13 & God

13 & God

(Anticon/Alien Transistor; 2005)

By Chet Betz | 18 May 2005

When the twelve apostles and Jesus all got together, it was basically a dozen mortal guys with another mortal guy who counted as one complete man while also counting as one complete deity. Thus, thirteen men and God composed the politburo of Christianity. In the coalescence of Anticon’s Themselves with the Notwist to become 13 & God, one may ask who’s the “13” and who’s the “God,” but the implication is that “God” is already in the “13.” Thankfully so, for who wants to debate which group has proven itself more transcendent when both have great albums like Them (2000) and Neon Golden (2003) to their names.

However, while Christ’s revolution united the apostles and gave them the purpose of spreading its message, the 13 & God project basically just throws more personnel in with little purpose beyond them trying to fit together cozily enough. Sure, Adam Drucker and Markus Archer can hold hands with the best of them, but the world will remain unchanged. They could have changed it, too.

A soft organ melody and bass harmonize with Archer’s mutterings as a guitar swells, and then Jel photon torpedoes that with bursts of static and a percussive freak-out that sounds like kitchen utensils at war. The interruption settles into a rattling beat with a drum kick that’d roundhouse Chuck Norris, and Jel flips the organ line so that it sounds like a church hymn being sucked down a drain. Multi-tracked Doses and Archers choirboy perversely until Archer breaks off and starts repeating a line that builds in grandeur and reverb like the coda of “The Bad Arts.” As this continues, Dose out-Twistas “Slow Jamz” and shreds the microphone with his absurd twenty-syllables-a-second flow; Archer takes one of Jel’s kitchen utensils to his frets and sends out waves of Sigur Rós distortion as the beat double-times its way to a heroin rush climax, squealing sax samples looping off into infinity.

That was all a lie and a dream, a song that doesn’t happen on the album. What does happen is a process of neutering; 13 & God substitute safety for vitality.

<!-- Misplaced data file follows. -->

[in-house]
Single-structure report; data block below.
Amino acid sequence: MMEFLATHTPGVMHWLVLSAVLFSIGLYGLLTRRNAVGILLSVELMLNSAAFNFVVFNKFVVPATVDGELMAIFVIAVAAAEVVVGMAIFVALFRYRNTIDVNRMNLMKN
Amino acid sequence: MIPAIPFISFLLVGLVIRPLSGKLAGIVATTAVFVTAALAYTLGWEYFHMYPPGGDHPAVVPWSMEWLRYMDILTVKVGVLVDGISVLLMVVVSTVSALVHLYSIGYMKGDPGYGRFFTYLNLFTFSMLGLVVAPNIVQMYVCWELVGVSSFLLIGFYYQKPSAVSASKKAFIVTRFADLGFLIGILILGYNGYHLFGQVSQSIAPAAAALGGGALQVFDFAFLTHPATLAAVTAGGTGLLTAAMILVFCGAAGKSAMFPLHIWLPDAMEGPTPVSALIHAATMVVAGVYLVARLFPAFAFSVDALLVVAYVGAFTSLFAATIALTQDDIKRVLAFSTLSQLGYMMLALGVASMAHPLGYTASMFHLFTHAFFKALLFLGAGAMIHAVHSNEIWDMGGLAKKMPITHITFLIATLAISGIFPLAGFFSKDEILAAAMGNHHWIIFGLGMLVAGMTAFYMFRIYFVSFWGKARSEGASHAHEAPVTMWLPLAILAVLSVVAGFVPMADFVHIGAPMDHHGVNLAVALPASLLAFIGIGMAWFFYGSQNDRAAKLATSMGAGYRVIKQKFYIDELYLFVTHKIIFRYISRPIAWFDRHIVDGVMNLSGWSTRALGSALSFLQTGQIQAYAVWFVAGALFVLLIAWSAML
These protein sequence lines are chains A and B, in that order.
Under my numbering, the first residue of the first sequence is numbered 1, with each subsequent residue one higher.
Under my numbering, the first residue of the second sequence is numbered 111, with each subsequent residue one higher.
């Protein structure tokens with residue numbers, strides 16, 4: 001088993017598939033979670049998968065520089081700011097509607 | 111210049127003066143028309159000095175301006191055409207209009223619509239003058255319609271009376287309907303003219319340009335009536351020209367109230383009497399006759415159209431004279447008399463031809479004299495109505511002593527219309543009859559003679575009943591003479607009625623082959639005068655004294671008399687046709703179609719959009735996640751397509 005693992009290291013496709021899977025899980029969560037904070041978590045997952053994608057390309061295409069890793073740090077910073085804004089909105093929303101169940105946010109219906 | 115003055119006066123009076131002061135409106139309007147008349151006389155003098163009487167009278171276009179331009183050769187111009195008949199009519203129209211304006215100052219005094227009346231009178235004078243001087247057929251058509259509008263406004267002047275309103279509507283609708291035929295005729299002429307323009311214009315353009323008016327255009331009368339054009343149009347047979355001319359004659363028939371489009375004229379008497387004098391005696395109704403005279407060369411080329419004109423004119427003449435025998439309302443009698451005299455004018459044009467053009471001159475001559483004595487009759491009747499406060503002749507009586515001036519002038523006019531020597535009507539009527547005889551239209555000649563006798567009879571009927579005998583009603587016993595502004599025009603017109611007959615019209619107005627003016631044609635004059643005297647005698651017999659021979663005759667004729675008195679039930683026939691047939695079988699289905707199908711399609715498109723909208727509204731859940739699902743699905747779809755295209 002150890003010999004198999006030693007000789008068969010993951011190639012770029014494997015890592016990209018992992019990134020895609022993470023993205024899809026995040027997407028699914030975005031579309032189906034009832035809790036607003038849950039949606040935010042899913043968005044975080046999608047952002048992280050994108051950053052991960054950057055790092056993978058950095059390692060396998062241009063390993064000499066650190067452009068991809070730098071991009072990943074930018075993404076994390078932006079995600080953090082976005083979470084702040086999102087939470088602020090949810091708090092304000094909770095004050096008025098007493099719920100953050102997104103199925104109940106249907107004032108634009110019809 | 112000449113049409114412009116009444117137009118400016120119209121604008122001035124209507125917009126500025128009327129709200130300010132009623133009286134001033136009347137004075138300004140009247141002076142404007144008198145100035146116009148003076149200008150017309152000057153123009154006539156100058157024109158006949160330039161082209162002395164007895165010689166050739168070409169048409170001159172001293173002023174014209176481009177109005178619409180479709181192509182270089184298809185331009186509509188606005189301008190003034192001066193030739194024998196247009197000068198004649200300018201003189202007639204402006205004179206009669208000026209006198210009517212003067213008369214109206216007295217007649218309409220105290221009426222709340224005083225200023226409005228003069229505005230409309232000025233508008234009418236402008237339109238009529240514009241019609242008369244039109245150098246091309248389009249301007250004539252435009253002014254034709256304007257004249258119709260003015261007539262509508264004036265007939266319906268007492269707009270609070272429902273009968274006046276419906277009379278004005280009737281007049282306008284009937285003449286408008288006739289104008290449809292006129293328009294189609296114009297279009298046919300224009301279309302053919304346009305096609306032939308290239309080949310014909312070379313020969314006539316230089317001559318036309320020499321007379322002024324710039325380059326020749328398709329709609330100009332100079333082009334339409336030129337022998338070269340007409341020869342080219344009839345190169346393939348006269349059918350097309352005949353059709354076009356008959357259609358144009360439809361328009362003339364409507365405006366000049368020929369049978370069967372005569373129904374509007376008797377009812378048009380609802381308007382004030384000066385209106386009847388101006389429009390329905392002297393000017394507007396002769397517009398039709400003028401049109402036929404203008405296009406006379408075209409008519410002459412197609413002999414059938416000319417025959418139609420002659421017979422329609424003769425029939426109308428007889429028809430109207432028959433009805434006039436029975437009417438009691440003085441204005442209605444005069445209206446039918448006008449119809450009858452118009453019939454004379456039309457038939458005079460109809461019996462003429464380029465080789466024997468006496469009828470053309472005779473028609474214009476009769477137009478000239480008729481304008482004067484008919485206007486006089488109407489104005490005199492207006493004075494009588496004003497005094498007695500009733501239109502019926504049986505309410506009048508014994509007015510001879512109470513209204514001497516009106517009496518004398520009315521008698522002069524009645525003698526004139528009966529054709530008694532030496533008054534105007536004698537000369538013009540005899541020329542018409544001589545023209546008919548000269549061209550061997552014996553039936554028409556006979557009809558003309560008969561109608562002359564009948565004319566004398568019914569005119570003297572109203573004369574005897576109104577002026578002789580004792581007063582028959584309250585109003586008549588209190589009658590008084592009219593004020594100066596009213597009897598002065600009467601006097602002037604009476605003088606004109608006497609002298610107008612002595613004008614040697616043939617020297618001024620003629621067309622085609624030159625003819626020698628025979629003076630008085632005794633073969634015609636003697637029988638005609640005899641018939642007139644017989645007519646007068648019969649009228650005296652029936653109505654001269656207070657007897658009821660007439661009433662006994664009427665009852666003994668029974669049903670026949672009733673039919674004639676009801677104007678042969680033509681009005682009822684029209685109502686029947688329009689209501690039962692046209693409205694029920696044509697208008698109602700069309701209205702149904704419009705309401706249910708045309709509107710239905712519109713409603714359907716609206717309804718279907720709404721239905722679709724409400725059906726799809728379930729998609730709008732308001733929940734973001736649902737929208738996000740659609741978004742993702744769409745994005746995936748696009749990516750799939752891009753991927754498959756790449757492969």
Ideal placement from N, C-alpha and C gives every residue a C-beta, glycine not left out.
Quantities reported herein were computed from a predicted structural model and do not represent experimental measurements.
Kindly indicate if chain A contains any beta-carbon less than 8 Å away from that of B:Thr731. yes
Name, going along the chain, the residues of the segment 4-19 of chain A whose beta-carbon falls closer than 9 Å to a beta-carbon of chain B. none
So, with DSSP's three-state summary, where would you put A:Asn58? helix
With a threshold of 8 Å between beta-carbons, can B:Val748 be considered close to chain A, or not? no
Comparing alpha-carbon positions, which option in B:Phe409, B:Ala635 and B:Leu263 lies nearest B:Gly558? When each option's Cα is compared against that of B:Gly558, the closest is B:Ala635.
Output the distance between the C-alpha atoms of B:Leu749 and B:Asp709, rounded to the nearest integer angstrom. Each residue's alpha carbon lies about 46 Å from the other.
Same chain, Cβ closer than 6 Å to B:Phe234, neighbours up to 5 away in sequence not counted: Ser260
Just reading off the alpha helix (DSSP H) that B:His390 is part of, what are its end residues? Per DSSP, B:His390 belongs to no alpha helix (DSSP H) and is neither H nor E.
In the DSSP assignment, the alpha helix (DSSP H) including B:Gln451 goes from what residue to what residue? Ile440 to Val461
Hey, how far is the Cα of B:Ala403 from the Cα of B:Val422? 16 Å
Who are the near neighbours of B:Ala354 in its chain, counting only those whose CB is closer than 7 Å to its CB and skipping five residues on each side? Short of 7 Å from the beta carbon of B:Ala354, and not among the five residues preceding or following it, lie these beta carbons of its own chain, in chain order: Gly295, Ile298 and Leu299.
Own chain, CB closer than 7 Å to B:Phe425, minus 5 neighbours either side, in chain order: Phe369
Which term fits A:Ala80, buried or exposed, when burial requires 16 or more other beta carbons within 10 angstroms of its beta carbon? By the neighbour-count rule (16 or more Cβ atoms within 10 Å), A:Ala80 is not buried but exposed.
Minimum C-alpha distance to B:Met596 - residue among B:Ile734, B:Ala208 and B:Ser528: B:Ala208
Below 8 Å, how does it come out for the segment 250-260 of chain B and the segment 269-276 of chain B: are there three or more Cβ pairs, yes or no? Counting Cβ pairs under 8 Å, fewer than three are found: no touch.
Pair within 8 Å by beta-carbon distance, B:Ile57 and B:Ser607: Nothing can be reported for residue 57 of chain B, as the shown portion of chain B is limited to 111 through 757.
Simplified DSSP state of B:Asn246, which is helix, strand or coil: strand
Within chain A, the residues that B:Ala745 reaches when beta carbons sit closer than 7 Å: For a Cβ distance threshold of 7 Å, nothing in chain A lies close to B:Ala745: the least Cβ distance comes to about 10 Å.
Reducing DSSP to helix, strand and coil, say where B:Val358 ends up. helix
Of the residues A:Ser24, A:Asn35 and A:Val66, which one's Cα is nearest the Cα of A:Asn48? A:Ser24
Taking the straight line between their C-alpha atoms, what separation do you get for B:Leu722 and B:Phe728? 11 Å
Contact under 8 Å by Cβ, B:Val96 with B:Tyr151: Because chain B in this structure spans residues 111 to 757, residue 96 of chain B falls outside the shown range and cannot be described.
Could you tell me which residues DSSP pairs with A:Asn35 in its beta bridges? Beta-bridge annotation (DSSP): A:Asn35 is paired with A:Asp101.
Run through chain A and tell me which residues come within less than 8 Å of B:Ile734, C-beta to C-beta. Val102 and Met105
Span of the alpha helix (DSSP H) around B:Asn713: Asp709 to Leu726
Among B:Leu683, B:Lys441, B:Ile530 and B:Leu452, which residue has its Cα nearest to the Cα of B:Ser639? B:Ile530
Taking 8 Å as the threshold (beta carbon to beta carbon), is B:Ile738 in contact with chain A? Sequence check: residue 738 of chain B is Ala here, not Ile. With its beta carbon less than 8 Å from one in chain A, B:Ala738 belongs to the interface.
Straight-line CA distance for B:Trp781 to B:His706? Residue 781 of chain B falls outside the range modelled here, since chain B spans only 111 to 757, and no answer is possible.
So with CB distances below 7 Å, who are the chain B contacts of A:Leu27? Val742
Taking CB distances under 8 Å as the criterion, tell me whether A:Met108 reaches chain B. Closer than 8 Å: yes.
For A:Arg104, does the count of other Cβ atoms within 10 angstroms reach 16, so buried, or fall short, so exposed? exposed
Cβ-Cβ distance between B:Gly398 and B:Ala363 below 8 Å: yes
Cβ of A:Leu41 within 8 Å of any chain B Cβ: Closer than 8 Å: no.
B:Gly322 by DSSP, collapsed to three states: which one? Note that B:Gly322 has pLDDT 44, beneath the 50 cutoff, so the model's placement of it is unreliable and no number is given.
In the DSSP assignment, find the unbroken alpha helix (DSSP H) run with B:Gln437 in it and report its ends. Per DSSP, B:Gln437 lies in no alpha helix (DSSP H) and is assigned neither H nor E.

Single “Men of Station” works pretty effectively as a juicy Notwist fragment fleshed out into a four minute pop song. “Perfect Speed” operates on the same principle, and not surprisingly these two songs are the best stuff on the album. It’s unfortunate, though, that any observable Themselves impact comes down to little more than stronger-than-Notwist drums, faint Doseone BGVs, and a bit of grit. Furthermore, both songs exhibit a stubborn stasis in words and music, a weakness only hinted at in the work of Notwist and one that Themselves ably avoided despite their genre. “Afterclap” excites with enough of a hip-hop feel to include scratches, but few heads will nod, and while “If” adds a little build to the excellence of arrangement and melody that characterizes the album’s finest tracks, its attempt to integrate a closing rap verse from Dose comes off half-hearted and awkward. Perhaps that awkwardness offers some small excuse for the stylistic segregation in 13 & God.

There’s no excuse, however, for making a milquetoast of Themselves. “Low Heaven,” “Ghostwork,” and “Soft Atlas” are solid songs, but they burn a tad dimly compared to the intensity and insane invention of Dose and Jel’s former fireworks. Then, with wanton six to seven minute tracks like “Tin Strong” and “Superman on Ice” and “Walk” lumped together in the album’s second half, 13 & God become purveyors of ambient-hop… and that’s just not cool.

It’s pointless to talk about concepts and lyrical content because, seriously, 13 & God aren’t trying to say much of anything. They’ve got no gospel to spread. Could that be their core flaw? Not really. Dose and Jel’s post-rock sextet Subtle made nothing say a whole lot of something on last year’s incredible A New White. The music’s effort to push, that itself was the message, and perhaps the problem with 13 & God is that while it’s a coalition of fantastic talents, Themselves submit to the expectations of a pussy glitch-pop crowd, and the Notwist mistakenly assume that hip-hop fans don’t want songs with dynamism or structure. It’s pleasant to think about Jesus and his disciples teaching love and getting along and singing John Lennon covers, but those men died on a quest to take over the world. 13 & God make some pretty listenable shit, but they’ve got no scars to show.